I was not surprised after 550 pages of pro-yankee journalism to find McPherson belittling a notorious statement of Northern malice. This is the infamous invitation to the rape of women in the occupied South made by the commander of Union forces in occupied New Orleans. It is termed euphemistically by Mc Pherson as “an incident” and “Butler’s women’s order”. : The writer notes that it “intensified British upper-class alienation from the North” (Is McPherson suggesting that the British middle classes of the time more sympathetic to a bit of rough treatment of snooty belles?) Butler’s statement ran as follows: : “any woman who persisted in the practice of insulting Northern soldiers shall be regarded and held liable to be treated as a woman of the town plying her trade” Even today, with two world wars and countless horrors between then and now, this order sounds appalling and is appalling. It is also historically significant since it breaks the very codex which Gibbon in Decline and Fall had so proudly noted a hundred years before as the hallmark of civilized behaviour-soldiers in the eighteenth century refraining from attacking or molesting civilians. But McPherson who is always more understanding of Northern outrages than Southern ones-finds what he calls “considerable provocation” for Butler’s declaration. What can this “considerable provocation” be? Something pretty drastic to justify an invitation to rape one would think. Nothing less than murder and terrorism surely? Not exactly. Southern provocation was “climaxed by a woman who dumped the contents of a chamber-pot from a French-Quarter balcony on Fleet Captain Farragut’s head.” This would be hilarious if the writer were not so serious in believing this largely excuses Butler’s order. McPherson does not tell us how many women were raped as a result of the green light given by their commander. I am sure that if the history had been in reverse the reader would have received a very different account.. Apart form the relentless bias of the book, it is poorly served by the publishers: the photographs are cramped and mostly anyone’s second choice, more seriously, the maps of the battlefields are so poorly printed as to be almost unuseable. Maybe that suits McPherson’s belief that battles are not half so important as they are made out to be by most historians. Like Tolstoy in War in Peace he sees them and portrays them as a lot of sound and fury and confusion-decisive battles do not take place in this account. Gettysburg is presented as just one more bloody conflict rather than the decisive battle is its traditionally presented as being. Far more important for McPherson is the calibre of generals-this seems to him to be all important, not that he is over-enthusiastic about Southern generalship. It is not brilliance on the part of Lee but timidity, incompetence and rivalry among Northern generals which is here offered as the major clue to the slow progress of the Northern war effort. As for Lincoln, needless to say he, he is the hero of the story, as infallible as the Pope. If McPherson ever criticises Lincoln, I missed it.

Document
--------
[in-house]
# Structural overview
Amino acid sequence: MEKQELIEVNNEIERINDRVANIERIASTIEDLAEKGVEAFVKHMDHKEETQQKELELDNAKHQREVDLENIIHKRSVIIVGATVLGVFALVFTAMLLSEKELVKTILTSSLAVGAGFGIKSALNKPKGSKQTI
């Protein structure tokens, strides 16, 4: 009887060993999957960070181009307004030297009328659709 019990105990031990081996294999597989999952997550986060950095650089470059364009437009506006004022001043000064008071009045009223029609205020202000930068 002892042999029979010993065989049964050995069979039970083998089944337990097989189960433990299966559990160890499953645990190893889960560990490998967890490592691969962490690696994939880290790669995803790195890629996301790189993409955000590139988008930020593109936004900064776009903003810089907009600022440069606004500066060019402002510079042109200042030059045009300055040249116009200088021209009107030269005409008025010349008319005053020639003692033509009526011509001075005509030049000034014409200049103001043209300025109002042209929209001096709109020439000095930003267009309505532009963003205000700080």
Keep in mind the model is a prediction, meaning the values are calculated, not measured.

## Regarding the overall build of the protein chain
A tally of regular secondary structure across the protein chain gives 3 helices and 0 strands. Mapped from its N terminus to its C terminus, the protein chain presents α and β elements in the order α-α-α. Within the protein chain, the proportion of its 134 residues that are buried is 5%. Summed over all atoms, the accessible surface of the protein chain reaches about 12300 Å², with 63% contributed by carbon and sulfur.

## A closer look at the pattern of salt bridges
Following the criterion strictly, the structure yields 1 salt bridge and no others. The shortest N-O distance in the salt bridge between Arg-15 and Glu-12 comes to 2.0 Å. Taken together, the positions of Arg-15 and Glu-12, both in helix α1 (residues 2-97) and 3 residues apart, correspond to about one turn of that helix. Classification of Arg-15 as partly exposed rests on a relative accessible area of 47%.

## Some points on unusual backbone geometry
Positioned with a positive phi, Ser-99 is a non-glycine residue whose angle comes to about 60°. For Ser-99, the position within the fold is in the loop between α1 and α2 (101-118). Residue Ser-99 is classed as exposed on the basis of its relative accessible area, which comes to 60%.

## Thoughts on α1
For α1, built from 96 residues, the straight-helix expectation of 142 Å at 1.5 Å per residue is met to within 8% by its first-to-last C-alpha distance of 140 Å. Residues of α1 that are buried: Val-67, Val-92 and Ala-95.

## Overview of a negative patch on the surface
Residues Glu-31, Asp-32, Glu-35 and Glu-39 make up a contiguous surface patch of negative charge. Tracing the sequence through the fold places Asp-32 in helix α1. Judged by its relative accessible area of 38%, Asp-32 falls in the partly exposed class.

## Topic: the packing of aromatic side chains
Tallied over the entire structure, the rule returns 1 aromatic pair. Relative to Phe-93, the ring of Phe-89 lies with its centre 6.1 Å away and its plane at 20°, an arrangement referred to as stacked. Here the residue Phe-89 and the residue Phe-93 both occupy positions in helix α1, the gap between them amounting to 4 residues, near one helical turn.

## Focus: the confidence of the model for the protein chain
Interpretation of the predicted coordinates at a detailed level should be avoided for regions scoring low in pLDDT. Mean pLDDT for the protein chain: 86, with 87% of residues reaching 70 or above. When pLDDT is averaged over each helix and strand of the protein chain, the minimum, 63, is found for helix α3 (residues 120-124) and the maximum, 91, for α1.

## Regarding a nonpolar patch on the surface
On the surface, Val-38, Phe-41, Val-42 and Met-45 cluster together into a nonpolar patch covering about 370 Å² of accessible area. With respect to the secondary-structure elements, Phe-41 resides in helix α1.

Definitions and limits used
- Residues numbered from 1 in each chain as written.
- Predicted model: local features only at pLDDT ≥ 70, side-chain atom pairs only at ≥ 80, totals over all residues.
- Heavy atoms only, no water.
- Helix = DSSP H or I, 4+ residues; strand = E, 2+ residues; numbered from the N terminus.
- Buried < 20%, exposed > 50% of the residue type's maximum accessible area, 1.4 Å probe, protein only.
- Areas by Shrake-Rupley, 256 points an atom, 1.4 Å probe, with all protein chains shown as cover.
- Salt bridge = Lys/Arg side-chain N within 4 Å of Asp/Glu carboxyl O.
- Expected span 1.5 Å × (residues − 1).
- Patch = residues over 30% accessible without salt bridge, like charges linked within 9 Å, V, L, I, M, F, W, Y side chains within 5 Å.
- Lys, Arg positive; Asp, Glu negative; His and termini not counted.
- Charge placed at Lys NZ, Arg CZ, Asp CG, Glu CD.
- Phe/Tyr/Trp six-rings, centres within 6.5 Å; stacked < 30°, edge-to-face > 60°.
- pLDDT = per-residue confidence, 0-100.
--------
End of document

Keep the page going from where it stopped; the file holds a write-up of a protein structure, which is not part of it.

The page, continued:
This may be, as some claim, the best book on the subject. If that is true I am sorry to hear it. ...more
5

Mar 27, 2012